Kate had just picked up the chef’s knife to get back to work when the phone rang, digitally cheery in the air. She hurried to the wall and felt a sharp pang of sympathy when she heard Anna’s voice.
“Kate, do you think you’d mind—that is, if you have a few minutes, maybe you could—I mean—”
There was a lot to do before Chris got home from work, but, still, if she could not succor Anna in her hour of need then friendship was worth nothing in the world. Chris would understand a late dinner. The basement door had swung open again so she latched it as she left the kitchen.
Catching a glimpse of herself in the mirror as she entered the front hall, she was pleased to see that her hair showed no signs of the day’s exertions. Anybody who says being a housewife is easy, she thought, I’ll show him a thing or two. She straightened the sleeves of her T-shirt and left the house.
As she walked towards the street, a soccer ball flew over her head into her yard. She shielded her eyes and looked next door towards the Mason house, and sure enough there was Jim, standing, embarrassed, on the other side of the low fence, looking down at his shoes.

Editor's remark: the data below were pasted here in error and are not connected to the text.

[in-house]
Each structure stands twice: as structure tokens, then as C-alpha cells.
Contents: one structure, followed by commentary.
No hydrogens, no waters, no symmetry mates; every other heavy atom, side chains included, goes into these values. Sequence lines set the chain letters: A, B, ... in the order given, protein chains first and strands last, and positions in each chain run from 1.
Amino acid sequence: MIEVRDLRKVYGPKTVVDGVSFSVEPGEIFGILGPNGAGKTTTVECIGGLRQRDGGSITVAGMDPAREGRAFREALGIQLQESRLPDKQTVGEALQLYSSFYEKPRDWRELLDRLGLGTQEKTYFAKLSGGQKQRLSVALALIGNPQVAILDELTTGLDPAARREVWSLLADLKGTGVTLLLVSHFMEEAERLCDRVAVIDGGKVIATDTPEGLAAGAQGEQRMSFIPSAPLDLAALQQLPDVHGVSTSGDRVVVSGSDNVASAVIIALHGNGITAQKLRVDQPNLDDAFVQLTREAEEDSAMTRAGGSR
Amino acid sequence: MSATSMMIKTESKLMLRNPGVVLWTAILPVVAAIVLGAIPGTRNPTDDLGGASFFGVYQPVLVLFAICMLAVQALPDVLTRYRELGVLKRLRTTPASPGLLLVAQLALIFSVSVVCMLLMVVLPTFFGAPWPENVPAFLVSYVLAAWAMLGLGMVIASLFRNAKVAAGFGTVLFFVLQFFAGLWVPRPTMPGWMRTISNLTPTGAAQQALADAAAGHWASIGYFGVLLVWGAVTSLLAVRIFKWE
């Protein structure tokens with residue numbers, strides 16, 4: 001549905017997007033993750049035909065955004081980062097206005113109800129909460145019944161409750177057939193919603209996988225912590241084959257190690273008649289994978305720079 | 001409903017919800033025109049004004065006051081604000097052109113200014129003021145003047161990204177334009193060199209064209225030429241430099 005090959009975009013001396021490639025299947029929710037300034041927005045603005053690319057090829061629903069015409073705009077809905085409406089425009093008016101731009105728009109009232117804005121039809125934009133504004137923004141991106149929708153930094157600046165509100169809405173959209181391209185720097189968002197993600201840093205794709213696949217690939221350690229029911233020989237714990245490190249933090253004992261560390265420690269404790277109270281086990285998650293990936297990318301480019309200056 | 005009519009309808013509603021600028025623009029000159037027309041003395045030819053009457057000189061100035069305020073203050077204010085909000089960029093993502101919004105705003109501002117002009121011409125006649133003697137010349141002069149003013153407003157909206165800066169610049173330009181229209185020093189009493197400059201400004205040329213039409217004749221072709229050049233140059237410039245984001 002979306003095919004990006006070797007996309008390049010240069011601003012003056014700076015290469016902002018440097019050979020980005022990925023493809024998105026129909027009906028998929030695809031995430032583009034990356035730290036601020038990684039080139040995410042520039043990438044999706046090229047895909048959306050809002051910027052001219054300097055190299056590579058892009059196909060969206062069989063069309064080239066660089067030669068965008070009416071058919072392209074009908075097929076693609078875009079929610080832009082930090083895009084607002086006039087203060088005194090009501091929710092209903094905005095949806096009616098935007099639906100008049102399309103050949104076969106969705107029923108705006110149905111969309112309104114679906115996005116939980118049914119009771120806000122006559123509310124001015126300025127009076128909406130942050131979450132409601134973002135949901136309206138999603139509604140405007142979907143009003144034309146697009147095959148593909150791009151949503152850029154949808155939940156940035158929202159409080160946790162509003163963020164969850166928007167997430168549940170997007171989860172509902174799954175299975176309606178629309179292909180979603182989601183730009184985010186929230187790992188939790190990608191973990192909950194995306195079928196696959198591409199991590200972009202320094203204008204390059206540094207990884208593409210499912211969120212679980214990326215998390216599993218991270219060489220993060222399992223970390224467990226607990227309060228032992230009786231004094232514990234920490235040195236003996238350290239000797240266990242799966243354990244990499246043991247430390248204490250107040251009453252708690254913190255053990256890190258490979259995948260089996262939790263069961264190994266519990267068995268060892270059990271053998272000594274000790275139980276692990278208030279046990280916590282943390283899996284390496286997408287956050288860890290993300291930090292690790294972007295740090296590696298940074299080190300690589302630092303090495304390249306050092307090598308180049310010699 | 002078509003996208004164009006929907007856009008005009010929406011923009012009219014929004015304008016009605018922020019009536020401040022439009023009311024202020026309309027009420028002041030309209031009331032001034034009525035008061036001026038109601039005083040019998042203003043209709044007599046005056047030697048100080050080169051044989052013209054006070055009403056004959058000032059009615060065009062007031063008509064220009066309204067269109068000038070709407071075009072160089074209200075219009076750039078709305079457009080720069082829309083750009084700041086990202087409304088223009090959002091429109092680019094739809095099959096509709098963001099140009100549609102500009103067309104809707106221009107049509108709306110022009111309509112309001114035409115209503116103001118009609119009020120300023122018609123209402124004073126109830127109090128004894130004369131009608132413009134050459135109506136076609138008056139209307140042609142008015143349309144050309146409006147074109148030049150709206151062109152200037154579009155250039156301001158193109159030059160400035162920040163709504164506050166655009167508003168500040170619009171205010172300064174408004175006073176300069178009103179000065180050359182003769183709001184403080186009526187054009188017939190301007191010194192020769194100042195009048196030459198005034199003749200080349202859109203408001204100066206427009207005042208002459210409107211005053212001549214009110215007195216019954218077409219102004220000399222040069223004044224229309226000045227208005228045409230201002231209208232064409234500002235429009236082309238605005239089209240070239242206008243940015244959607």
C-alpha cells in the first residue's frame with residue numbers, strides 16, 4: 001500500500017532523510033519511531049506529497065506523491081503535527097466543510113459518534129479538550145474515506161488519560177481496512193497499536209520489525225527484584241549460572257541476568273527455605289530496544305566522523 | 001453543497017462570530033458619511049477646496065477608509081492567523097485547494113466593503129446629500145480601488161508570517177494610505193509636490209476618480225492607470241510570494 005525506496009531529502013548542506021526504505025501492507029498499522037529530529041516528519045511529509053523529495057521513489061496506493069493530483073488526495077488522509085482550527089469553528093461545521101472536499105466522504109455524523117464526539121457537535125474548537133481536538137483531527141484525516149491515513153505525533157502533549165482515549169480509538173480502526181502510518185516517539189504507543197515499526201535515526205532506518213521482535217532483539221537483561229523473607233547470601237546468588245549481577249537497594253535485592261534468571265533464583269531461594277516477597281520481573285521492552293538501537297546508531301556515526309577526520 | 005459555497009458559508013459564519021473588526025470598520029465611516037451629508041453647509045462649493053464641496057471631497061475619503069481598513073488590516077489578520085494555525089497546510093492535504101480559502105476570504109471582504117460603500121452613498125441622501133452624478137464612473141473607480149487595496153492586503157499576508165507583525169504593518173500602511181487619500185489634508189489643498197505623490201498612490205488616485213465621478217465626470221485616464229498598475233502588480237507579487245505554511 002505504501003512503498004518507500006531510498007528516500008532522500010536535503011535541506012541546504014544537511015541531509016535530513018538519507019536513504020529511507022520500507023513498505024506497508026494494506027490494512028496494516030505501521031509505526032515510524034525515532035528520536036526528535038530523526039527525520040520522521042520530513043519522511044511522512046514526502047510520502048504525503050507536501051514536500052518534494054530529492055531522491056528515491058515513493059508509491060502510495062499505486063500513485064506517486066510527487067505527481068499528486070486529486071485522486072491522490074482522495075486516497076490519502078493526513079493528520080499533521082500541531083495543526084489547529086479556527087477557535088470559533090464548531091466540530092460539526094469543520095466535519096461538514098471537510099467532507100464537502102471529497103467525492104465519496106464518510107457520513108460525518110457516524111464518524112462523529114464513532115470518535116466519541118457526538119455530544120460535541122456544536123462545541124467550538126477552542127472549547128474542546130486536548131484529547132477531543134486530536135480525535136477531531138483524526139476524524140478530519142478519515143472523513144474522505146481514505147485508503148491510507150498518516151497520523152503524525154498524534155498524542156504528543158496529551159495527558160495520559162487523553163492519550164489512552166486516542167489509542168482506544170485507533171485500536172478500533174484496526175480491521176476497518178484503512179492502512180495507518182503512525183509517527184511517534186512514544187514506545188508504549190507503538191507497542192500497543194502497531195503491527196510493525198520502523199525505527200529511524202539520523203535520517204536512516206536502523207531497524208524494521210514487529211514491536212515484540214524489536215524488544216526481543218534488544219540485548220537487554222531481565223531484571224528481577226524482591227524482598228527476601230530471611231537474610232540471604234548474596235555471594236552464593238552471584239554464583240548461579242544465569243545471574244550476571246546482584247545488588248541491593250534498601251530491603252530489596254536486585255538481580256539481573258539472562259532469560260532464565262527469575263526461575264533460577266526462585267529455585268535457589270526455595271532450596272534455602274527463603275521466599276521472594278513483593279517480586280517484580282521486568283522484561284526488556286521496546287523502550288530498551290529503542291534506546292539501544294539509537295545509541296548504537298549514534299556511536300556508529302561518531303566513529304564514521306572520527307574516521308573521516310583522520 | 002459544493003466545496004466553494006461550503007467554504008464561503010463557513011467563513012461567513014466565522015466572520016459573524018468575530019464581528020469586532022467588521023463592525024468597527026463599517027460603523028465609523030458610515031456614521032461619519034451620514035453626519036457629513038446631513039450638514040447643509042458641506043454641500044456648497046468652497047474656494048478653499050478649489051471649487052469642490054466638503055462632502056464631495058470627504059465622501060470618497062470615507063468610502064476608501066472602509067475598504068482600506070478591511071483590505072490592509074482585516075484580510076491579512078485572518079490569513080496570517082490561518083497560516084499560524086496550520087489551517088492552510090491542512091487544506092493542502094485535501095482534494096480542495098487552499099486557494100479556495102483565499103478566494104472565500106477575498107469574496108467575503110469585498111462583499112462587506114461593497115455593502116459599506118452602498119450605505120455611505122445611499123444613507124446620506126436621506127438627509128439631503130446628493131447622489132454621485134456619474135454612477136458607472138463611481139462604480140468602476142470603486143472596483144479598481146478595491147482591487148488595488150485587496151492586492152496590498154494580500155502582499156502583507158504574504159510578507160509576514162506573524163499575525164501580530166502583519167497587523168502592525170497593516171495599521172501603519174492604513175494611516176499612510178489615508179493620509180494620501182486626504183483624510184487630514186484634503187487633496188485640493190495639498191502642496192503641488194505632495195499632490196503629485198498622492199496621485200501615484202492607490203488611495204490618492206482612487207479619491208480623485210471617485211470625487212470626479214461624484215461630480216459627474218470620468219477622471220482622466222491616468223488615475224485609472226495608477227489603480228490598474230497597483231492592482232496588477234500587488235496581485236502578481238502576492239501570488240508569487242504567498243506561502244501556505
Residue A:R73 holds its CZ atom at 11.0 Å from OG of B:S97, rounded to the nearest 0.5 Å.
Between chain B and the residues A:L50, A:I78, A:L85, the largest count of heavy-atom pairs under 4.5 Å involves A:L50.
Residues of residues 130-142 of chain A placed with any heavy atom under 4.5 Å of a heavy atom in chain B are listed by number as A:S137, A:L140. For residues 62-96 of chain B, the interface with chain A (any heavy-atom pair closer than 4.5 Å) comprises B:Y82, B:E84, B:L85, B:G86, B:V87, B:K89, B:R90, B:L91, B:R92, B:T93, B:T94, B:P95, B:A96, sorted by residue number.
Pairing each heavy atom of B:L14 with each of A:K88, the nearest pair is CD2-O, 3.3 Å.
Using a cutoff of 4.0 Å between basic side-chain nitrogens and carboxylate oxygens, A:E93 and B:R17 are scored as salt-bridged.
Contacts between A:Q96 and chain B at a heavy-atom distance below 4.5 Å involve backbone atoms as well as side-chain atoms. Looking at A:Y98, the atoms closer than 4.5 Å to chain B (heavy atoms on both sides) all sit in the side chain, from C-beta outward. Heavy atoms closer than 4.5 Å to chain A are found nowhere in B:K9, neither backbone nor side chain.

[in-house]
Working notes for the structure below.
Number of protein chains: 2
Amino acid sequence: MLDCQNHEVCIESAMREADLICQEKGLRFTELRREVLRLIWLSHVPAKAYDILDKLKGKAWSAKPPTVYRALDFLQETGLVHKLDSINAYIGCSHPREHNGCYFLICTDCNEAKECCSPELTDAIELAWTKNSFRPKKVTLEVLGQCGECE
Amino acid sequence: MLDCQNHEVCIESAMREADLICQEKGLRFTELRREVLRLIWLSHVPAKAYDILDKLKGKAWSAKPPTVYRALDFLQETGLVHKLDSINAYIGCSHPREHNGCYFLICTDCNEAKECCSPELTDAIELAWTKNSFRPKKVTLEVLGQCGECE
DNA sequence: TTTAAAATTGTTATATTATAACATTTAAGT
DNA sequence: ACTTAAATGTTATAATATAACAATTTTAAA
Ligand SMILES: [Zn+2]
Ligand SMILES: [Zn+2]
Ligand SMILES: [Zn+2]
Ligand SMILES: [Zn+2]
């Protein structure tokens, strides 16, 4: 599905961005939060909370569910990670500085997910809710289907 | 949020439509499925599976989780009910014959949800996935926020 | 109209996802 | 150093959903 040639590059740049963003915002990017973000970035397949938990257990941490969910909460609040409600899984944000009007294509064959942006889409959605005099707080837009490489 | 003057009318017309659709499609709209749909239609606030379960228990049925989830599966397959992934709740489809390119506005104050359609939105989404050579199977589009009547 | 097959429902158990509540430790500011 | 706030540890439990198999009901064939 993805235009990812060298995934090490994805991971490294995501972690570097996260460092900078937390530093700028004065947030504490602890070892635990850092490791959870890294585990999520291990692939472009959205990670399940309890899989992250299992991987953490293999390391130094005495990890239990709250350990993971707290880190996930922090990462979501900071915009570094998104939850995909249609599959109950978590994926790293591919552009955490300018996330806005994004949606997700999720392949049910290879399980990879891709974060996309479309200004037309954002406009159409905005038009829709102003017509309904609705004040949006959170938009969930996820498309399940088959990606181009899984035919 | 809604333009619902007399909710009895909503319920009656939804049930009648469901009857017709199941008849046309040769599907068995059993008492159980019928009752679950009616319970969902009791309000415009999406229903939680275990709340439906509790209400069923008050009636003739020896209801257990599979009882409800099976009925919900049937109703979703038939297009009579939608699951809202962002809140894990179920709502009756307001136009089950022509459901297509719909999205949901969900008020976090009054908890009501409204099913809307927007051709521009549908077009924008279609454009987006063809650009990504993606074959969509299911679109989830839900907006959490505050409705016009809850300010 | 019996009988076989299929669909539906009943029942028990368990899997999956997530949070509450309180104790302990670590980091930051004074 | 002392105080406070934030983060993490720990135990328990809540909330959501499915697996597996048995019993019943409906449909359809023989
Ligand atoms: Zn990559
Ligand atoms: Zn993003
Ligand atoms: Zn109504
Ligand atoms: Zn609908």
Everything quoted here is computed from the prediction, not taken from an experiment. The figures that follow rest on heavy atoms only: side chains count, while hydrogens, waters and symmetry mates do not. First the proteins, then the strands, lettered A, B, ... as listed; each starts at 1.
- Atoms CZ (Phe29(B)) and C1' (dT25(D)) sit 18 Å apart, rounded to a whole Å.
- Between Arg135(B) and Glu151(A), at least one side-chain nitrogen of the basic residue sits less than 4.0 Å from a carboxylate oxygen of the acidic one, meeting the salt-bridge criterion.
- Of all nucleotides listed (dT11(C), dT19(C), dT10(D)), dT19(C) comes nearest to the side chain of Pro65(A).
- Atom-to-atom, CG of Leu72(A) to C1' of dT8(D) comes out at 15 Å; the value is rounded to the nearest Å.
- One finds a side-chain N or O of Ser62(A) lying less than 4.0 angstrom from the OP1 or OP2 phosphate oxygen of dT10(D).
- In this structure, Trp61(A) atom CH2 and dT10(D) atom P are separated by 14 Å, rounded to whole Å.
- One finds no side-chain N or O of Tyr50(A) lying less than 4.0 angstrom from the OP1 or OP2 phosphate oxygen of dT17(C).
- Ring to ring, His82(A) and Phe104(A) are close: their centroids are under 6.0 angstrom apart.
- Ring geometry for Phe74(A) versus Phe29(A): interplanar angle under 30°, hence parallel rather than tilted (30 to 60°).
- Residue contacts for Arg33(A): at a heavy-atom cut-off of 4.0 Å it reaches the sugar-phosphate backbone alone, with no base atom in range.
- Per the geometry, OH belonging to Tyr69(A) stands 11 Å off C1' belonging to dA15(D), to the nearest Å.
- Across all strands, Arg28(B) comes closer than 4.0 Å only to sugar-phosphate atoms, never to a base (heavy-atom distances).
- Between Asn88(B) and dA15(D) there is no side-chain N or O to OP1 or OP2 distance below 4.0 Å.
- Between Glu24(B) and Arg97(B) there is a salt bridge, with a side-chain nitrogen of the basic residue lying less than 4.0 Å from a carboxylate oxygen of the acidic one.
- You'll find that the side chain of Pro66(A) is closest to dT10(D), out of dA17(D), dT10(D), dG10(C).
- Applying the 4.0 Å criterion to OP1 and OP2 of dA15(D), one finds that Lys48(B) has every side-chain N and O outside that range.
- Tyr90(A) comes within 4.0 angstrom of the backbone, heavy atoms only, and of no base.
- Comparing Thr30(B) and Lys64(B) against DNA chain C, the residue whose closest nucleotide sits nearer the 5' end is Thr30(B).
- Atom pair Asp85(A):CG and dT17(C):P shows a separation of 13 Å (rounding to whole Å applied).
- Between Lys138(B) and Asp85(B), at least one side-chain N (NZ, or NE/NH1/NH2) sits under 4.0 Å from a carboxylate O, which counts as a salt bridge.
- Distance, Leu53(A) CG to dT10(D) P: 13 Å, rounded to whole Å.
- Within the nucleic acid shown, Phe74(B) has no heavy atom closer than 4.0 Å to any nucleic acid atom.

“Watch out, young man,” she said, waving her finger at him with mock sternness, though she was only twice his age, if that. “You never know who you might hurt with that thing!” Jim looked up, grinning sheepishly, and she laughed. “Now come and get your ball.”
“Sure, Mrs. Kendrick,” he said, leaping into her lush green lawn with the vigor of youth. Kate and Chris did not have any children of their own, but she loved living in a neighborhood surrounded by them.
She looked at her house with satisfaction as she closed the gate. That paint job really does look good. Chris had wanted blue but she had insisted on yellow and now even he agreed that hers had been the better choice. “How do you always get these things right?” he had asked, stroking her hair.
“I’m taking my secret with me to the grave,” she had laughed.
She looked carefully, both ways, before crossing the street. It was unnecessary, as their street was so small and quiet that she would have been aware of any cars as soon as she’d left her house. But she did not like to get into bad habits, especially with so many young people around who might be tempted to imitate them. “We have a responsibility to mold the children,” she would say whenever it seemed relevant.